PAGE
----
Brooke: Trying to put on dresses that don’t fit…
Kara: And trying to put on that dress you only wore once to the office holiday party and all of a sudden it’s like it’s a different size and you’re like, that’s confusing. I think someone stole this and put a smaller size in my closet. So I call it the Unf*ck Your Body Image masterclass.
So I’m going to be teaching a real combination of some of the tools we’ve talked about. I also teach some kind of concrete practices that you can use in terms of changing your visual diet, giving yourself more examples of – it’s like reprogramming also not just your thoughts but also your visual feed so that your brain adjusts to seeing different sizes as beautiful and practicing that, loving photos of yourself. There’s a lot of different ways of ding thought work and different ways of getting access to it.
Brooke: So if I want to sign up, how long is the class?
Kara: So it’s going to be a two-hour class. I personally think people have a hard time paying attention for more than two hours; me included, so a good two hours. And I always, the way I do my class, is always that I teach some and I coach some. So I teach some, and then you’ll have an opportunity – obviously not everybody gets life coaching, but you get an opportunity to get coached live.
And I think with body image stuff, it’s so important because it’s one of those things where I think our brains are just like, “What else could I possibly think about this?”
Brooke: This is just ugly, period.
Kara: This is cellulite. Are you telling me to believe I don’t have cellulite? We don’t even know how embedded our assumptions are about what’s good or bad, so it’s an area where I think life coaching is actually super important. So you learn – and everybody’s got the same thoughts, so you learn a lot, whether it’s you directly or the other person. So it’s going to be two hours. And do you want me to give you the sales page address? Is that something people might want to know?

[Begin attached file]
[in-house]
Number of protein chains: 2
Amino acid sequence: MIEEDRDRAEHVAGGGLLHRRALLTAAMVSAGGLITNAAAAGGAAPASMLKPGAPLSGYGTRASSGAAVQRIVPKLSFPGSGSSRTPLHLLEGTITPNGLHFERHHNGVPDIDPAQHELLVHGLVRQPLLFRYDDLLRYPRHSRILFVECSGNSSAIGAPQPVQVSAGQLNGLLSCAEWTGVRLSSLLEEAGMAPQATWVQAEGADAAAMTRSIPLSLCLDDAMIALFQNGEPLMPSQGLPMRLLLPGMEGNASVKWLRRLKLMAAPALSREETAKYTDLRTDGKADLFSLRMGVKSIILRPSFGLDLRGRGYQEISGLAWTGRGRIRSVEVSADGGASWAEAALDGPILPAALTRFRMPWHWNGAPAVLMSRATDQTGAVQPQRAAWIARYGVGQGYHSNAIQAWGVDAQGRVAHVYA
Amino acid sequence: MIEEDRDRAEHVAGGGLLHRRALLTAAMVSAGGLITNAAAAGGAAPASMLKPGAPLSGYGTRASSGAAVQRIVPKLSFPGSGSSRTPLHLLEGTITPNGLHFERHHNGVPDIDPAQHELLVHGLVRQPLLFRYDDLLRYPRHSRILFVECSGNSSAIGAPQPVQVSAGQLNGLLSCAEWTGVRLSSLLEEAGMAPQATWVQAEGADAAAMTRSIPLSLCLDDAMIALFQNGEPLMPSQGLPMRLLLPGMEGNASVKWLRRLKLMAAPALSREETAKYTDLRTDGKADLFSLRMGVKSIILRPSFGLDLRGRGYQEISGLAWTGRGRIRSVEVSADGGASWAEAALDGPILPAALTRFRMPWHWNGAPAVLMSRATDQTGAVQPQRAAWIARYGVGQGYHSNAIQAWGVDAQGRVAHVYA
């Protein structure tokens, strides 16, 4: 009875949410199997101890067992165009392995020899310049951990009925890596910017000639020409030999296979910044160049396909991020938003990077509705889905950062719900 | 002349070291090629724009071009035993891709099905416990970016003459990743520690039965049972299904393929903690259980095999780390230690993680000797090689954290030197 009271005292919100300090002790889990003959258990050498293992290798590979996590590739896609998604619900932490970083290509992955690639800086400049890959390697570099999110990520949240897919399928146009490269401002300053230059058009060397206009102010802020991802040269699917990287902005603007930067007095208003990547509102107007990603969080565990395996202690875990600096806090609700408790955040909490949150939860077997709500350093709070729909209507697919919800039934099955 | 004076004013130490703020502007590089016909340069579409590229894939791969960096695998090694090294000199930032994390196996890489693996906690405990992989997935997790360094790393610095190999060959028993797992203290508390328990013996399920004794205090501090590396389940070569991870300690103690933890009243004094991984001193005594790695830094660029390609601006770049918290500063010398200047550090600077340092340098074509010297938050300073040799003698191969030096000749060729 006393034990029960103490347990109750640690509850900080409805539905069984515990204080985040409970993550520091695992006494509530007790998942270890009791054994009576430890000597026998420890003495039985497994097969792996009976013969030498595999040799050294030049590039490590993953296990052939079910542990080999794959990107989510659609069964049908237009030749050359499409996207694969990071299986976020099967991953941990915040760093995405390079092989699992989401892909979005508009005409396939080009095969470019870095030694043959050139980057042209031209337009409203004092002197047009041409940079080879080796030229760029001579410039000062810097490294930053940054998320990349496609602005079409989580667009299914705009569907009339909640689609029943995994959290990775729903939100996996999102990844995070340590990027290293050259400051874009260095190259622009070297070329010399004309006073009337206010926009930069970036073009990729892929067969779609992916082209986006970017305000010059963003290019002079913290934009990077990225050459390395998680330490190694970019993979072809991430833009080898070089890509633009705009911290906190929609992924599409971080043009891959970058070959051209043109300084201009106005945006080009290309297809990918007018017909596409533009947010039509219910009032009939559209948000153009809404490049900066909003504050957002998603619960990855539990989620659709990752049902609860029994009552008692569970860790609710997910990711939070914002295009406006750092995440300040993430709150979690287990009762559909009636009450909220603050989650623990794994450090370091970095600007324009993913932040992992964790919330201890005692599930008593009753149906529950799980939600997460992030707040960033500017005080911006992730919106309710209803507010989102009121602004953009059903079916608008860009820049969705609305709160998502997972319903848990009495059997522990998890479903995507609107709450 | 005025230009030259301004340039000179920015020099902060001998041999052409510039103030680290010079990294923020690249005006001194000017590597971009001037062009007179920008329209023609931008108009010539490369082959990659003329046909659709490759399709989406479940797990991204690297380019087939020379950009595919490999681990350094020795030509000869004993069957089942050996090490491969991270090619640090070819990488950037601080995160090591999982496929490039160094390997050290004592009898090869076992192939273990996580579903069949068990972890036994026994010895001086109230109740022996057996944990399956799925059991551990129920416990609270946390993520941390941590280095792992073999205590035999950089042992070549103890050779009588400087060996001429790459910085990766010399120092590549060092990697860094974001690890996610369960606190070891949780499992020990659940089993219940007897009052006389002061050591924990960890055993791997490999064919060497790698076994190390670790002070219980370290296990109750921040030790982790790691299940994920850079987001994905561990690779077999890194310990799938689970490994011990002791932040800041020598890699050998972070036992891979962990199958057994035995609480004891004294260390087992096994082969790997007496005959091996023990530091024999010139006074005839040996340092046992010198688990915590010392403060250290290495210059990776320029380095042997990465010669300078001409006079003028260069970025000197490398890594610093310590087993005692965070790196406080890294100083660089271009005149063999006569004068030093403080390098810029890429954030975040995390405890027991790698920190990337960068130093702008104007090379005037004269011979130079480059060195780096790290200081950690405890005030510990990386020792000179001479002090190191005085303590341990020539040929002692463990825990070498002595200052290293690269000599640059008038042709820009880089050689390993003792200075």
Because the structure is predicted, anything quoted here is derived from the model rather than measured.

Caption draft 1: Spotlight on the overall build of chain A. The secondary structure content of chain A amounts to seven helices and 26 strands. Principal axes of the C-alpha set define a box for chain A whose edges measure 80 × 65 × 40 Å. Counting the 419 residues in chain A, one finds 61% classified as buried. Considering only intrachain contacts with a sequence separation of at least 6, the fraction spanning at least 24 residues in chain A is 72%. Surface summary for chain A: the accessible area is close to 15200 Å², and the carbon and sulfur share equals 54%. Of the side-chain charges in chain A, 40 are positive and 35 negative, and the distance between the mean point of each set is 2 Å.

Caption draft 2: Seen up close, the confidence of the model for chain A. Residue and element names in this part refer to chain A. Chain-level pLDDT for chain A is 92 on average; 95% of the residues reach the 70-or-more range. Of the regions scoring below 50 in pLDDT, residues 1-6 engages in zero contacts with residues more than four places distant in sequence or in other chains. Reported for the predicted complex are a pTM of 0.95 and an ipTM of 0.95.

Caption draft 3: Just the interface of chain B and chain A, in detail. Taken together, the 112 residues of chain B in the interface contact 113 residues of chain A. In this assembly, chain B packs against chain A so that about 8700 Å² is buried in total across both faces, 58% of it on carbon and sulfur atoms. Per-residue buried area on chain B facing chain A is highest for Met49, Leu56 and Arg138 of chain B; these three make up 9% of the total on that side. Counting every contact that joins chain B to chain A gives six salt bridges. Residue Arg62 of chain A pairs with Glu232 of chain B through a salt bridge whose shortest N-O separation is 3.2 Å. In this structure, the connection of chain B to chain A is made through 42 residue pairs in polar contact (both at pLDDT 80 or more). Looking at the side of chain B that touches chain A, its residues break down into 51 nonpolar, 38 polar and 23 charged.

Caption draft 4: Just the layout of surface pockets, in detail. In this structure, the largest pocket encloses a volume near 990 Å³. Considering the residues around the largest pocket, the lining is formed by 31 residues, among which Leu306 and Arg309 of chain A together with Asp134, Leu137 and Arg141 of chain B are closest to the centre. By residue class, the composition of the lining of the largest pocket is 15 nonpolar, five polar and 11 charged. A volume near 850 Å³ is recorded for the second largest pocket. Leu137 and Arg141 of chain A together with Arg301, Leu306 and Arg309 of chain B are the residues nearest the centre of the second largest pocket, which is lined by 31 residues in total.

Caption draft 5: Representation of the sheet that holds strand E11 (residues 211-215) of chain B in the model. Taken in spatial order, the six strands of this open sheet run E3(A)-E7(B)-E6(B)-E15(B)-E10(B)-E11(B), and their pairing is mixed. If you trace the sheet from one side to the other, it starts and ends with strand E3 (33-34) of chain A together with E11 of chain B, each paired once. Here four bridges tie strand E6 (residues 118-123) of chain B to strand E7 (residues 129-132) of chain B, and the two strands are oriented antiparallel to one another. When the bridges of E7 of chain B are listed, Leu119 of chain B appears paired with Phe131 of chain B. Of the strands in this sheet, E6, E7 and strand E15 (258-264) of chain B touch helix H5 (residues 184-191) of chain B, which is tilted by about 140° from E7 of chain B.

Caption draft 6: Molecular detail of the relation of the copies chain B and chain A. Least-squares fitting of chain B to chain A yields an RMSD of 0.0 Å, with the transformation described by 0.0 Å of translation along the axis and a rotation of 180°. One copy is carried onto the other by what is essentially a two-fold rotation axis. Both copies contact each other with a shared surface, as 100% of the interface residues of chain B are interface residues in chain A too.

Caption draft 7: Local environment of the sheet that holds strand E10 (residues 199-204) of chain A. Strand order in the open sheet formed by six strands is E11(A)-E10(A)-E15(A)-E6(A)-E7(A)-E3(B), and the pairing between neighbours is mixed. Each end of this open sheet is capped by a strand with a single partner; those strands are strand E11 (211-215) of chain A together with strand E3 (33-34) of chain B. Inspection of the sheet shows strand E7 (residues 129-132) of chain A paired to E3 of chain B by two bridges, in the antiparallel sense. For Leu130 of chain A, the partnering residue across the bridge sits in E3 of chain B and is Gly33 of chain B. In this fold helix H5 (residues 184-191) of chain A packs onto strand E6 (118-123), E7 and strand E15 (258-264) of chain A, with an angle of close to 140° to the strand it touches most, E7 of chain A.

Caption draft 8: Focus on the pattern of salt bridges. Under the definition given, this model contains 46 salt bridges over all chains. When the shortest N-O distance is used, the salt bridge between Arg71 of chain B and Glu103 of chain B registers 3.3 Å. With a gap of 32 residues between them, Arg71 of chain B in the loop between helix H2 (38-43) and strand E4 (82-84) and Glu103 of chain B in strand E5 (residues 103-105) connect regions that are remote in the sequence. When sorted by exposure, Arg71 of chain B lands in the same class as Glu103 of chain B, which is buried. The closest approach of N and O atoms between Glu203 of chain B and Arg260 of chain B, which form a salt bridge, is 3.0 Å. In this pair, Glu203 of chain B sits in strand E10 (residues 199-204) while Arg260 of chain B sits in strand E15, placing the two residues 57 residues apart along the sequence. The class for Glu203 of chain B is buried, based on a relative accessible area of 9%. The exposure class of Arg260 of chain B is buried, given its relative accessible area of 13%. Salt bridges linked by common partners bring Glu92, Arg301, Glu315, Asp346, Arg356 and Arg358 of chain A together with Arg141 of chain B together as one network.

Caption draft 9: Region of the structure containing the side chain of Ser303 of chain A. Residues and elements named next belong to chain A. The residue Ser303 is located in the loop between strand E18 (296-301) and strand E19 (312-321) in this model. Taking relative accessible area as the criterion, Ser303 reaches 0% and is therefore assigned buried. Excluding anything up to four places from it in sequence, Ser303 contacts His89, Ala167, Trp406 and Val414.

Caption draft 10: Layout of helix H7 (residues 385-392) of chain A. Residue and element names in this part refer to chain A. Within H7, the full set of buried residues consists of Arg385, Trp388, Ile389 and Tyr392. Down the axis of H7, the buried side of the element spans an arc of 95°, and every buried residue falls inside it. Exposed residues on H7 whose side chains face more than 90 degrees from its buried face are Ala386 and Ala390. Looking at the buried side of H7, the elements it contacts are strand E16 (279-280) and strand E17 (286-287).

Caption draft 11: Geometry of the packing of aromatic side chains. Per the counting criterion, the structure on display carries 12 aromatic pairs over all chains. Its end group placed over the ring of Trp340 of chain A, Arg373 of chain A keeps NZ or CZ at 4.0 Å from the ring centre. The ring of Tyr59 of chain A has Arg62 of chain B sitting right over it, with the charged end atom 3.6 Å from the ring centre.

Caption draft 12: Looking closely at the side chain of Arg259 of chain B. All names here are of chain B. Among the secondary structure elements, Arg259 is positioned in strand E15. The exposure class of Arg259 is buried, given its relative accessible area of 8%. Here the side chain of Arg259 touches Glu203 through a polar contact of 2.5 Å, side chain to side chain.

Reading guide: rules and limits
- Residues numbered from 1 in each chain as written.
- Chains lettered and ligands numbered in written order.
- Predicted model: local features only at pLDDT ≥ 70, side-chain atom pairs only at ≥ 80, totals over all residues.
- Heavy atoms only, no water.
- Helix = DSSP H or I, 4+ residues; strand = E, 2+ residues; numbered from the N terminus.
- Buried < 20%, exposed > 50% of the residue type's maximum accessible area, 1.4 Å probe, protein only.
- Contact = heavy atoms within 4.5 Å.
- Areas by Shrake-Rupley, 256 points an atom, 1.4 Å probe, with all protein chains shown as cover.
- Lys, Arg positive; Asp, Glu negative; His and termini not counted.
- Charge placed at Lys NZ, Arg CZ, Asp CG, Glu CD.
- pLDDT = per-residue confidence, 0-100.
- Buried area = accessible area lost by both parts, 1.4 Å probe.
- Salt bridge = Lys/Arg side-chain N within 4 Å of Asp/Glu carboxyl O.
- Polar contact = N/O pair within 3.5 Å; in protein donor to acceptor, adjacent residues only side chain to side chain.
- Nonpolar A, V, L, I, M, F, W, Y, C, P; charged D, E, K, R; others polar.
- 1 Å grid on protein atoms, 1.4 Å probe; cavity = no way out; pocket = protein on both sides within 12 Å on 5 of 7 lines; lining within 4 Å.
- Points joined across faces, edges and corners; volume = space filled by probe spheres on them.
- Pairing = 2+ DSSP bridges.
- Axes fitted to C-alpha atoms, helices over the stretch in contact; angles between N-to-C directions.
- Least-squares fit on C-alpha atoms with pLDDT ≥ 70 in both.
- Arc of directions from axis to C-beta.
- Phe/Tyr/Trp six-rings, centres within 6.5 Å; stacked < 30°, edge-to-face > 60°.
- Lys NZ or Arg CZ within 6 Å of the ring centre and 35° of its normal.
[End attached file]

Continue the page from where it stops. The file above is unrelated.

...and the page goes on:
Brooke: I’ll have you do that in a second, but I just want to say that I highly, highly, highly recommend that anyone listening to this podcast that thinks they want to lose weight – now notice I didn’t say anyone who has a poor body image. Anybody who wants to lose weight, who thinks they want to lose weight, who thinks your life would be better, that thinks you need to lose weight – I think would really benefit from taking this class.
And it doesn’t mean – people are afraid, like, “If she teaches me to love my body then I won’t want to lose weight and that’s the worst thing that could possibly happen to me in the world.” If that is you, and there’s so many of you listening that that is you, I highly recommend that you take this class. I promise, you can still try and lose weight. It will always be available to you. No one will ever take that tyranny away from your life.
But if you’re going to do that, we want to make sure you’re doing it from a place of love. And that sounds so silly to some people, like, “Oh yeah, love…” but it’s the only answer.
Kara: You can’t do advanced calculus without pre-calculus. Body love is like the prerequisite and all y’all are trying to skip it because you’re like, “It’s boring. I don’t have time. I have to take advanced calculus so that I can finally be happy.” You can’t skip…
Brooke: That’s so true. It’s like, I don’t think working on my body image will get me the result I want.
Kara: Right, that’s like, why do you want the result? You want the result because you want to think and feel a certain way. It’s just like for anybody who’s – I know a lot of coaches listen to your podcast – if you are desperate to book a new client so you can feel good about yourself as a coach, it never works out the way you want.
Brooke: You’re needy and creepy, yes.
Kara: Yeah, you’re needy and creepy and you can’t get there that way. Whereas, when your thought is like, “I am going to get so many clients to make so much money it’s like no problem…” then the person is like, “Ooh, I’d love to work with you.” It’s the same kind of – what you want is just the thought and feeling. But then you’re like, don’t give me the thought and feeling, then I won’t do the thing that gets me the thought and feeling. It’s like so backwards.
Brooke: Yeah, and I think that there’s an audience of you, a portion of you that listen to me, that just don’t want to lose weight. You don’t want to think about losing weight and you really want to stop thinking that you should lose weight. And I think this would be a fantastic class for you as well because I think some of you are just like me. You got to the point where you’re just like, enough is enough. I want to focus on something else for a while. And then it’s like that nagging, “But you have homework to do. But you have homework to do. Don’t forget about that big project which is called weight-loss so you can be worthy in the back of your head…” that I think a lot of you struggle with.